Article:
Improving your player reporting skills massively by avoiding catch-all terms

If you have the ambition to become a professional scout, it is not only important to understand what happens on the pitch. You should also be able to explain what you see, either in written text or verbally. To become better at that, it massively helps to avoid catch-all terms and use clear and specific language. In this article, we explain how.

Catch-all terms

There is one method that many people who don’t really understand football use not to get exposed: the use of general, vague and multi-interpretable catch-all terms.

The things they say seem about right and aren’t too far off, but it doesn’t really add any value either. In other words, they speak a lot, but they don’t say much. 

The opposite is also true: if you understand the game of football well, you can lift your communication level a lot by using specific and clear words to describe what you see.

Get away with it

Let’s give an example.

You are watching a game of football with a friend of yours. You both have the ambition to become a remote video scout at a professional club. At half time, you discuss the first half together. You both agree that the left winger of the red team didn’t play well.

Your friend gives the following explanations.

  • ‘He’s clearly not comfortable on the ball.’
  • ‘He seems switched-off in possession.’
  • ‘He’s always one step too late.’

Imagine that he didn’t really watch the game carefully because he was texting his girlfriend the biggest part of the first half. Then he would still get away with comments like this, right?

You can’t be too far off with comments like that. And at the same time, you don’t add a lot either as you’re vague and generic.

Clear and specific

Only if you understand football well and watched the first half carefully, you are able to give more in-depth explanations about what the winger could have done better.

  • ‘Even when a teammate had time and space on the ball, and the opponent was playing with a high defensive line, the left winger didn’t make any deep runs to receive the ball in behind the opponent’s defensive line.’
  • ‘When the opponent’s right fullback was marking him closely, the winger didn’t drag him out of position towards midfield to create space for the left fullback to make overlapping runs.’
  • ‘When the team was pressing high, and the goalkeeper passed the ball to the right central defender, the winger was clearly instructed by the coach to press him. But the distance between the winger and the central defender was too big to prevent him from finding options forward.’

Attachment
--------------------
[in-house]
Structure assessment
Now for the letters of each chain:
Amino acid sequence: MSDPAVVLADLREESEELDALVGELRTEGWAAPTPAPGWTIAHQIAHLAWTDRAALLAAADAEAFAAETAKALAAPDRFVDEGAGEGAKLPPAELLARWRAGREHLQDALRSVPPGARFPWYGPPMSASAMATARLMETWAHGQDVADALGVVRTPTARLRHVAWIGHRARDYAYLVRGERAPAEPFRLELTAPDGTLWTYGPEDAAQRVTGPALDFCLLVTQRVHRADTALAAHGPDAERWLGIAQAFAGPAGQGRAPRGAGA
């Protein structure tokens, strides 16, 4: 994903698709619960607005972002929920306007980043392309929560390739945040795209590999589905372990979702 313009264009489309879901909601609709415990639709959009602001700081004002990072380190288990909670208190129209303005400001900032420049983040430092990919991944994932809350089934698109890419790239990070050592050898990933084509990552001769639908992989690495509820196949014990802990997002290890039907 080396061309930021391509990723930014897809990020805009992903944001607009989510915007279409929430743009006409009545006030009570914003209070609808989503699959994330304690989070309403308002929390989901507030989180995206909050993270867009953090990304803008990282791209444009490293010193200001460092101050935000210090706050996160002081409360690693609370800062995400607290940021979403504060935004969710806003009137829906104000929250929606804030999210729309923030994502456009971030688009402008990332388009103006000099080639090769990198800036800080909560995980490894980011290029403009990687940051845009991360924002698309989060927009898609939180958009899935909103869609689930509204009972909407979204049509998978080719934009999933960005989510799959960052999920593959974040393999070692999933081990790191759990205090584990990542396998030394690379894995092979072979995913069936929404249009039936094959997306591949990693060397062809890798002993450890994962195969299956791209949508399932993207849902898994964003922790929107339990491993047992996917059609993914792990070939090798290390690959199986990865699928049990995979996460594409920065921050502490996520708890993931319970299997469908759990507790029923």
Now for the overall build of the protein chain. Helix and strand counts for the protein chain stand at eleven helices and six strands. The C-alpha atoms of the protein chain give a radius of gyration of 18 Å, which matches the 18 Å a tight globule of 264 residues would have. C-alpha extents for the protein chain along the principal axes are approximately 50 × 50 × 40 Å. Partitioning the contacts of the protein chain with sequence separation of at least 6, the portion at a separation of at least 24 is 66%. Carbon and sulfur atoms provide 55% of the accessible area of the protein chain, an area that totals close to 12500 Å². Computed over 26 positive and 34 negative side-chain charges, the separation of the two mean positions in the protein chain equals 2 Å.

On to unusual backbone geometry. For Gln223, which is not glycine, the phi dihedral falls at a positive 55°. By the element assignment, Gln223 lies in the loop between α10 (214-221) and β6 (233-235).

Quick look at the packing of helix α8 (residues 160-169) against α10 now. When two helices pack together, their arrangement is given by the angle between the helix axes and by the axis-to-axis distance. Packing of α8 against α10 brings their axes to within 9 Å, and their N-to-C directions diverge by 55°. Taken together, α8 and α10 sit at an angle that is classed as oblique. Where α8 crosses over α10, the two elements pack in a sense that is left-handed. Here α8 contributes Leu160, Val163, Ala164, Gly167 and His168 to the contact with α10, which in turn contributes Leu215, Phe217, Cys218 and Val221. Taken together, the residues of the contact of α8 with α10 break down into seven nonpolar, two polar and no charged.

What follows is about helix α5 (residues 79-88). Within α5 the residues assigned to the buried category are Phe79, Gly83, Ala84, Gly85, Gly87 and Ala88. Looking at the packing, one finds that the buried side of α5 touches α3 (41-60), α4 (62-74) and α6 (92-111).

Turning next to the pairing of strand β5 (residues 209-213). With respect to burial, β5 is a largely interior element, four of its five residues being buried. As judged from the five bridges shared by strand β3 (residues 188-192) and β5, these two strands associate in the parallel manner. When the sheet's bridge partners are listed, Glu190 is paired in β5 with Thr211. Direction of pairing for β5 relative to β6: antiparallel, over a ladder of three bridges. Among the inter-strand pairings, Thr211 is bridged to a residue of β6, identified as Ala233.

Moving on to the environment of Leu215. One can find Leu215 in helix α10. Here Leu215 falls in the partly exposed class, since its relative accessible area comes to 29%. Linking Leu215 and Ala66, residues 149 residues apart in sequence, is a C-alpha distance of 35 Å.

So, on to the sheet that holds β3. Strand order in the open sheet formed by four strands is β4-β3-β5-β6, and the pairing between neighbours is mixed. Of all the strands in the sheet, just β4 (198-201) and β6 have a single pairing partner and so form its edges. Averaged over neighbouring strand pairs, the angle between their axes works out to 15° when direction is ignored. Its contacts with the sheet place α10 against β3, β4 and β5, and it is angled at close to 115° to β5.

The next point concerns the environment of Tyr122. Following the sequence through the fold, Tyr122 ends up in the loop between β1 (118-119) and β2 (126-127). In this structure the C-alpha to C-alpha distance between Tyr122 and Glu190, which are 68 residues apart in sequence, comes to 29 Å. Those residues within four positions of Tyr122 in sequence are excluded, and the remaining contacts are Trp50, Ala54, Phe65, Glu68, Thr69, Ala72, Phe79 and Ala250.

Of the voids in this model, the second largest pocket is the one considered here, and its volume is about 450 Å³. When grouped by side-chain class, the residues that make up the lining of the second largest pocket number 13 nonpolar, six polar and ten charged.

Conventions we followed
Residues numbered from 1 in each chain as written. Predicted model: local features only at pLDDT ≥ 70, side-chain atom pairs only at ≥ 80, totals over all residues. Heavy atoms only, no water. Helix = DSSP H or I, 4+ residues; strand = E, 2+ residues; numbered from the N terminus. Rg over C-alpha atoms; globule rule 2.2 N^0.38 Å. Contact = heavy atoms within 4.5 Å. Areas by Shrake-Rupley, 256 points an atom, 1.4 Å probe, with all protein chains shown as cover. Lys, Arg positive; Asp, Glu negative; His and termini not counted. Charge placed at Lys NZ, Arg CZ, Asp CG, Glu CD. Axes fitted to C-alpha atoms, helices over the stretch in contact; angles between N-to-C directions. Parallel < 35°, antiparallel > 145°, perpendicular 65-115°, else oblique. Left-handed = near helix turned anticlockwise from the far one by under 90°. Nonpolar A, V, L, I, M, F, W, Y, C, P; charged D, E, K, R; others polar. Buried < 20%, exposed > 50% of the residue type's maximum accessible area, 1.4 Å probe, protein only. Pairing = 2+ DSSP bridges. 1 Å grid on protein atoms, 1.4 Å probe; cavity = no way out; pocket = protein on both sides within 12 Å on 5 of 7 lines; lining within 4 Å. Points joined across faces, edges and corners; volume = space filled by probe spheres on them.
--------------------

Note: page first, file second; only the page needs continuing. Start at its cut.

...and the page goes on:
“Even if he didn’t pay attention to the match, he’d still get away with comments like that”

Clear and specific

You see the difference? 

In the first example, your friend gave a vague, generic explanation based on catch-all terms. It’s hard to really argue with it, and what he said isn’t necessarily untrue, but you didn’t learn anything new from it, and it’s not really helpful from a scouting point of view either.

As opposed to that, your descriptions were clear and specific. And more importantly: you used football action language. In other words: football actions (such as ‘marking’, ‘deep run’ and ‘press’) were described within the context of time and space. 

Only if you understand football and watch the game carefully, it’s possible to say something like that.

Discuss 

Then, the next question is whether or not it was true what you said. And if it was true, the question is whether or not the things you highlighted were the main issues of the winger’s bad performance in the first half, or just side issues.

In any case, you now have a starting point to discuss the winger’s performance in a way that adds value, which is way more difficult when your friend tells you the winger was ‘not comfortable on the ball’, ‘switched off’ or ‘one step too late’.

That’s even more the case when you would enforce your explanation with video footage of multiple examples in the match where those things happened.

Frameworks

To improve your use of football action language, two frameworks are very useful. We explain both of them in separate articles.

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